Thoughts

It Was A Dark and Stormy Night…

While the scant eight posts I’ve made have eluded to this fact, I feel the need to proclaim to my readers early on that I am, at the core of my soul, a writer. Or, more accurately, I am a storyteller. Saying you are a writer implies that you earn your living putting words to paper. While I have, indeed, earned money for my writing skills, it is not my primary source of income. I do strongly believe, without pause, that I am a storyteller. I feel there is a tremendous importance to telling stories and there is an affinity I feel towards people that make it their life’s work to tell stories: writers, directors, performers, illustrators, cinematographers and the list goes on. I have assumed several of those roles in my lifetime and, if dreams were to come true, I would earn my living by being one or more of them.

I come from a lineage of writers. My paternal grandfather was a disciplined writer. From what little I’ve been told of his early years, his service in World War II was as a correspondent of sorts. After his service, he was an English professor and, as my father likes to tell it (with his tongue planted firmly in his cheek), my grandfather would write every day. His regimen was so rigorous that he would write only a specific number of words each day, no more, no less, even if it was mid-sentence. I asked my mother about this and she scoffed at that assessment, scoffing, I’m sure, because it came from my father and she believes that recollection is tainted marital discord or the fact that my father has a selective memory.

My father, also a writer, raised me from the age of six onward. He, too, was an English professor. He also identifies himself as a writer. To the best of my knowledge, he has published a book of poems and has had several of his plays produced but, truth be told, he is no more a writer than I am.

My father’s father was also a writer of sorts. Perhaps not a writer with a capital “W” but he had the critical element of discipline nailed. He kept journals for years. Every morning, as part of his routine, he wrote in his journals before he attended to the tasks of the day, which are still a little elusive to me.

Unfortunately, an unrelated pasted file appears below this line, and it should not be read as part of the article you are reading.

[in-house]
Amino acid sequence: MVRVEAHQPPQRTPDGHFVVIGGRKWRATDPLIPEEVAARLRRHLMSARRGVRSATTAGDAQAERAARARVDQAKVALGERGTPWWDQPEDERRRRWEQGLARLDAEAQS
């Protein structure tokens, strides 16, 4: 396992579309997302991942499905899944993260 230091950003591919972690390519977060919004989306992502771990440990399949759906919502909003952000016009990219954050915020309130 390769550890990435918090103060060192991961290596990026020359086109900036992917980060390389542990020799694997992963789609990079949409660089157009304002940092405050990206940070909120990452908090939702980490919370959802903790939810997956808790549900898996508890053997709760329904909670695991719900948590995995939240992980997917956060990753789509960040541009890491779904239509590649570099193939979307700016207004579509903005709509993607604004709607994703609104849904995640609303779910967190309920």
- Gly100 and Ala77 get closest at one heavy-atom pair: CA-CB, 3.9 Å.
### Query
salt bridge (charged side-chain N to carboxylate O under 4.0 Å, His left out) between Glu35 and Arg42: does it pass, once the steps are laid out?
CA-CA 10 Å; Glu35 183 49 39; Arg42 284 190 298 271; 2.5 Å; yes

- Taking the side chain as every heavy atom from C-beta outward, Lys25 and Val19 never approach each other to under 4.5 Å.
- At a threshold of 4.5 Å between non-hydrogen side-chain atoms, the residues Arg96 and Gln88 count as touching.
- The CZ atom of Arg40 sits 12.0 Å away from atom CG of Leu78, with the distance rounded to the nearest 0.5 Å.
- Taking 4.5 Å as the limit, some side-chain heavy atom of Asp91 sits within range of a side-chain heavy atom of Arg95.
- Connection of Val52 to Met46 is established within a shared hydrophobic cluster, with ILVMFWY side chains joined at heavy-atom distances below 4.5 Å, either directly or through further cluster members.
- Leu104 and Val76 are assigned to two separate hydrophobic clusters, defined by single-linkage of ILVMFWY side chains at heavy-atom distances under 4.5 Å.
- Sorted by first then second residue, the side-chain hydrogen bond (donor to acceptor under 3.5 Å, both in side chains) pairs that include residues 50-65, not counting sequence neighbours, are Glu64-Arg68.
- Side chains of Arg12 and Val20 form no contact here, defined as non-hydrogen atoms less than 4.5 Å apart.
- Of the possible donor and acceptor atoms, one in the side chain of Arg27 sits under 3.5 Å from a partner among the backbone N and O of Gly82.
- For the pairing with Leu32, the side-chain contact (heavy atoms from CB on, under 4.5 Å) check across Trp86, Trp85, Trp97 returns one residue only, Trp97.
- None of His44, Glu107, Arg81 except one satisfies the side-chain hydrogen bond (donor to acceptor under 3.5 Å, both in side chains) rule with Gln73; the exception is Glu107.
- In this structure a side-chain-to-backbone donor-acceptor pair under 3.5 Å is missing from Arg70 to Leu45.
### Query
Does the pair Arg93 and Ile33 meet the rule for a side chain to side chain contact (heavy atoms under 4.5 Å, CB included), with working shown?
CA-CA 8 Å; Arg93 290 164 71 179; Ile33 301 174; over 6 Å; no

I am 45 years old. My father is 70. My grandfathers are dead. As I see it, I am the only one that stands a chance to make a living as a writer/storyteller. Since I think 90 is a reasonable age to die, I am going to presume that I have half my life yet to live. Since the last 20 or so years of my life will likely be encumbered by illness or some other old-age malady, I think it’s safe to say that I have roughly 25 years to become a writer. A writer with a capital “W.” One that makes their living putting stories on paper.

When my mother left, my father was teaching and, as best I can tell, was in the prime of his writing career. So, there he was, a promising writer in the 70s, abandoned by his wife and left to care for two very young girls. Over the years I’ve heard several excuses for why his writing career never took off, including having to care for me and my sister, having to deal with his alcoholic wives, having to pay the bills, having to take his mother-in-law to the hairdresser, having to fill in the blank.

I love my father. I do. However, I can see the writing on the wall and I want to erase it. I want to take a gallon of Oxy Clean and wipe it away before it is written. I don’t want to be the one to say, “I could have written the great American novel if it weren’t for the fact that I have three kids, a chronic illness, a mortgage and an affinity for martinis.” Hemingway had all those things and he did it, why can’t I? Oh, wait, he shot himself. Maybe not the best example. But at least he won the Nobel Prize before ending it all. The point is that I don’t want to blame my lack of fortitude on anyone or anything. Instead, I want to push through it.

Writing is a discipline. It is easy to find an excuse not to write. From what I gather, the great writers of our time write in the morning, before the follies of the day take hold. Perhaps that is the key. Perhaps I need to stand up while writing. Or apply some sort of “stream of consciousness” exercise to get the juices flowing. Some of my favorite contemporary writers have habits similar to the greatest writers of all time, so there must be something to it, don’t you think?

Can I commit to setting the alarm for 5:00am and write 500-1,000 words before the rest of the household awakens? Tomorrow, I will set my alarm. While it isn’t with the specific task of writing in mind, it will be to head to the city to spend the day in a creative writing workshop and being inspired by art and artists that speak to me.

Tomorrow I am winning. Because tomorrow I will be writing.

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